We are proud now to share the second part of Keith Charvonia’s very inspiring Kaiser Lead Sled build. Here’s Keith to take us through the next stages of the project. Enjoy!
We left off with the car in running condition, but nowhere near complete. I drove it around this way and had some fun with it.
This picture was taken at a local swap meet. I parked it, walked twenty feet away and turned around to see this crowd around my beater of a kustom! While flipping through HOT ROD magazine I saw a full page ad to enter their “Homebuilt Heros” contest. Skimming the ad I saw that they had a couple of categories my car fit into, so I decided to give it a shot. I took a couple weeks off work and started on the details that I had skipped over to get the car on the road in the first place.
I had welded the back doors shut to create a two door, but you could still see the ugly hinges and tell it was originally a four door, so I boxed it in. This was also a good opportunity to make the door gaps fit correctly.
Next I took some pliers and bent the factory drip rail back so I could get my grinder in there and remove all the rust. The drip rail was also missing on the A-pillar from the chop, so I made this section by hand and welded it in. I tapped the freshly ground drip rail down flush against the roof and proceeded to lay down fifteen feet worth of tack welds. You can get away with this on old, thick American steel without warping.
I liberated my ratchet strap from battery tie-down duty and built a proper tray and mount.
Someone posted on the HAMB showing how they turned their white letter tires into wide whites. It seemed like a cheap way to get new whitewalls on the Kaiser, so I went for it. These were the cheapest Kumho tires I could find.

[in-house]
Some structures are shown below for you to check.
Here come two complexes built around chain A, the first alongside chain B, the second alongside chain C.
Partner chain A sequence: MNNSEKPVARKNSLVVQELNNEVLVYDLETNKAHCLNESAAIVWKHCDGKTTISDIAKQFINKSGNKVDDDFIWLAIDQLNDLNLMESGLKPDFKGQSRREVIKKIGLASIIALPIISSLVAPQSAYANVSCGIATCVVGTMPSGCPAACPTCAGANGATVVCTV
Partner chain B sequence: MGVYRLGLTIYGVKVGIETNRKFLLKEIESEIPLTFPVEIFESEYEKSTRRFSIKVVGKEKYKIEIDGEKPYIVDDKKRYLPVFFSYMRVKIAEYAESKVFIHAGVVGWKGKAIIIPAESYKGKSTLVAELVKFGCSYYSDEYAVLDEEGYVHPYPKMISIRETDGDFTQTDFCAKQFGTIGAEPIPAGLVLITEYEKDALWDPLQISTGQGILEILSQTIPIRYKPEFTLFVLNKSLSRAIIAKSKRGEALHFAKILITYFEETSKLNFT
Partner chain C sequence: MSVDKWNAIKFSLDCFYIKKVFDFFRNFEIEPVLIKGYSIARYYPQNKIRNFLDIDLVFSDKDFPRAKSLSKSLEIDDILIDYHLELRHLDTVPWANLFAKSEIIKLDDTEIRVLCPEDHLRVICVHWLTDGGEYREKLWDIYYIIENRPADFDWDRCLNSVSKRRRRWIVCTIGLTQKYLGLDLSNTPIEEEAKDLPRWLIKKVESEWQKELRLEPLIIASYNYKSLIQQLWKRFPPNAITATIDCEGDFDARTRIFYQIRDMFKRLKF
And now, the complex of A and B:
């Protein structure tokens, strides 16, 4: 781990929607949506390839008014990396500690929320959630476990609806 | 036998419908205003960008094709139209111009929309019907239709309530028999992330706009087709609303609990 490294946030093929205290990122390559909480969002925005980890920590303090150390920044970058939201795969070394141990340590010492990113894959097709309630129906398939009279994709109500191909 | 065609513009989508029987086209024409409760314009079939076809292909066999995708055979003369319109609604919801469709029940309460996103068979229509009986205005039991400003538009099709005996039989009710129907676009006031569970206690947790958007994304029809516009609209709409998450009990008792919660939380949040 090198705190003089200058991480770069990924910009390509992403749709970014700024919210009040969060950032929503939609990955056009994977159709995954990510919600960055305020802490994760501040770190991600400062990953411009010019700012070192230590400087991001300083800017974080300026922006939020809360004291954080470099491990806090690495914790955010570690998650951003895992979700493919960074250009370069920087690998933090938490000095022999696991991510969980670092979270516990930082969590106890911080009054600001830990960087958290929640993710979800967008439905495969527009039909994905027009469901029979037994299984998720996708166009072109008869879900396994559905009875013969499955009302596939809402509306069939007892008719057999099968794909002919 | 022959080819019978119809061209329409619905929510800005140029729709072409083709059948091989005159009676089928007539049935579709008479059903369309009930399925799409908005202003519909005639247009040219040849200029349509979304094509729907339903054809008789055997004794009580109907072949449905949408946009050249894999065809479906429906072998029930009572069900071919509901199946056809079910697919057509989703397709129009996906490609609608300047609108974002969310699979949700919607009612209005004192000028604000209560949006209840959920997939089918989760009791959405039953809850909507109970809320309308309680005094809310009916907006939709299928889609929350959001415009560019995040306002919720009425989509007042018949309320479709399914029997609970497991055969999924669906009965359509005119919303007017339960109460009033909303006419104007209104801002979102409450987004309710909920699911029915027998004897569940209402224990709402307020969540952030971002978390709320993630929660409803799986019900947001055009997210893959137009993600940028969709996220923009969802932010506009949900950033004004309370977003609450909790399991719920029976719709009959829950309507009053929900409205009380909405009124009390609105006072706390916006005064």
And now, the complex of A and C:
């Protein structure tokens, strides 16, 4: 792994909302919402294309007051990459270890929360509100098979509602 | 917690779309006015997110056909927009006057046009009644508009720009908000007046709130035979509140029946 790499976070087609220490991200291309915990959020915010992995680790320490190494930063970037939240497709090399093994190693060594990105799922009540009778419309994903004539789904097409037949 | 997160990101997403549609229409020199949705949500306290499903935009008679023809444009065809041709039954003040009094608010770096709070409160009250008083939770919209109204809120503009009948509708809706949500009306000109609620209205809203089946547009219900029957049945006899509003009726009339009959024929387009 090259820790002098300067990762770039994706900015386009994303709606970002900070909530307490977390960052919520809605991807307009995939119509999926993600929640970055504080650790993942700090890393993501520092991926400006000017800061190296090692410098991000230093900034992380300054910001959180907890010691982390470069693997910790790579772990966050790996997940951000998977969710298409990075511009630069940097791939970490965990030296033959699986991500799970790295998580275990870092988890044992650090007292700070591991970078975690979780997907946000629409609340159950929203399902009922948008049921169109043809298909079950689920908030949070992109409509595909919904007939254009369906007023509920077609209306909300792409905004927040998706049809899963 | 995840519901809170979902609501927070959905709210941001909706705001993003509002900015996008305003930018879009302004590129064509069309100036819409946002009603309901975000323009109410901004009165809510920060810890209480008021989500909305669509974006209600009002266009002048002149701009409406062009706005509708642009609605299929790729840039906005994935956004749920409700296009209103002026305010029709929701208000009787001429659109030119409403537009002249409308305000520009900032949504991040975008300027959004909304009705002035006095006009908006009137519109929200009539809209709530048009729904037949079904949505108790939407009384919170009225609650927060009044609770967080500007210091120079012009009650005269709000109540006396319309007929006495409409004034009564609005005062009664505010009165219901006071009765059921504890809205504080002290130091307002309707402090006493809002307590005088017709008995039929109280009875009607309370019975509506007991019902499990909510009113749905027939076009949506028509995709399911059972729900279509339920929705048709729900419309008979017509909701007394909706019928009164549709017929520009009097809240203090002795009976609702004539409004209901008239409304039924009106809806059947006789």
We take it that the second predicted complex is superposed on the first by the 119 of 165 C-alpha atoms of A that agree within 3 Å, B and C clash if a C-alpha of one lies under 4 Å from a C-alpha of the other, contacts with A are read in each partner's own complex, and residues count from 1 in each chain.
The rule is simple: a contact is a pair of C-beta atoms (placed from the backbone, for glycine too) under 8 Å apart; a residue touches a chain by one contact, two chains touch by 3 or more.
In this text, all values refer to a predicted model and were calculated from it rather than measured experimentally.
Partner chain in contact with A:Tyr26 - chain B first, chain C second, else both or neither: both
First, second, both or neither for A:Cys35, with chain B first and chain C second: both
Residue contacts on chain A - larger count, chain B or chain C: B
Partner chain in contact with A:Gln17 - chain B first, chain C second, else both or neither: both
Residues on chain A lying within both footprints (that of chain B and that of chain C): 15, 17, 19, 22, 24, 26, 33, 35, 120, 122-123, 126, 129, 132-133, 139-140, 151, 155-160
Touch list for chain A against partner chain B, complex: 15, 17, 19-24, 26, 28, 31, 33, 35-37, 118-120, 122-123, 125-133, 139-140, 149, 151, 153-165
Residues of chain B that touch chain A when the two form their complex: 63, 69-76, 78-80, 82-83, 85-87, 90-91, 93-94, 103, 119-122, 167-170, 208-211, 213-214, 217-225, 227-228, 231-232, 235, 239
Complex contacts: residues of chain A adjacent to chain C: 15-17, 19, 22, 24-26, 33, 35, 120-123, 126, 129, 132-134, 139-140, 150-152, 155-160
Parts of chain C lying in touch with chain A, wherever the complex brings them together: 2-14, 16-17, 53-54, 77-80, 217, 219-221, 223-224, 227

I got out the BFH and pounded all the dents out of the stock ’51 bumper before filling all the mounting holes and welding a structure behind it to attach to the frame. I also chose to flip the bumper over because I liked the look better. If you look at early ’50s Chevys and Fords you will see that this is how the bumpers are oriented from the factory and most guys flip them the other way to customize them!
My main goal was to make the car presentable for the HOT ROD contest. Paint was out of the question, so I spent some quality time with the grinder and removed all the funny smelling, 60 year old paint. The next step was to lightly scuff the entire car with Scotchbrite wheels to give it a consistent finish, and then protect the bare metal with Gibbs oil. I didn’t even attempt to get the rust off the front fenders.
My friend Tommy took some really nice shots for the contest. It was sprinkling when he took these and I remember hauling ass to make it to our photoshoot locations before it started raining. I was in a bare metal car with no windshield wipers!
I love this shot. The frame ends are touching the ground and the front is lifted about 12”.
Here’s my best serious face, just so you can get a sense for how low the car sits. Pretty low, right?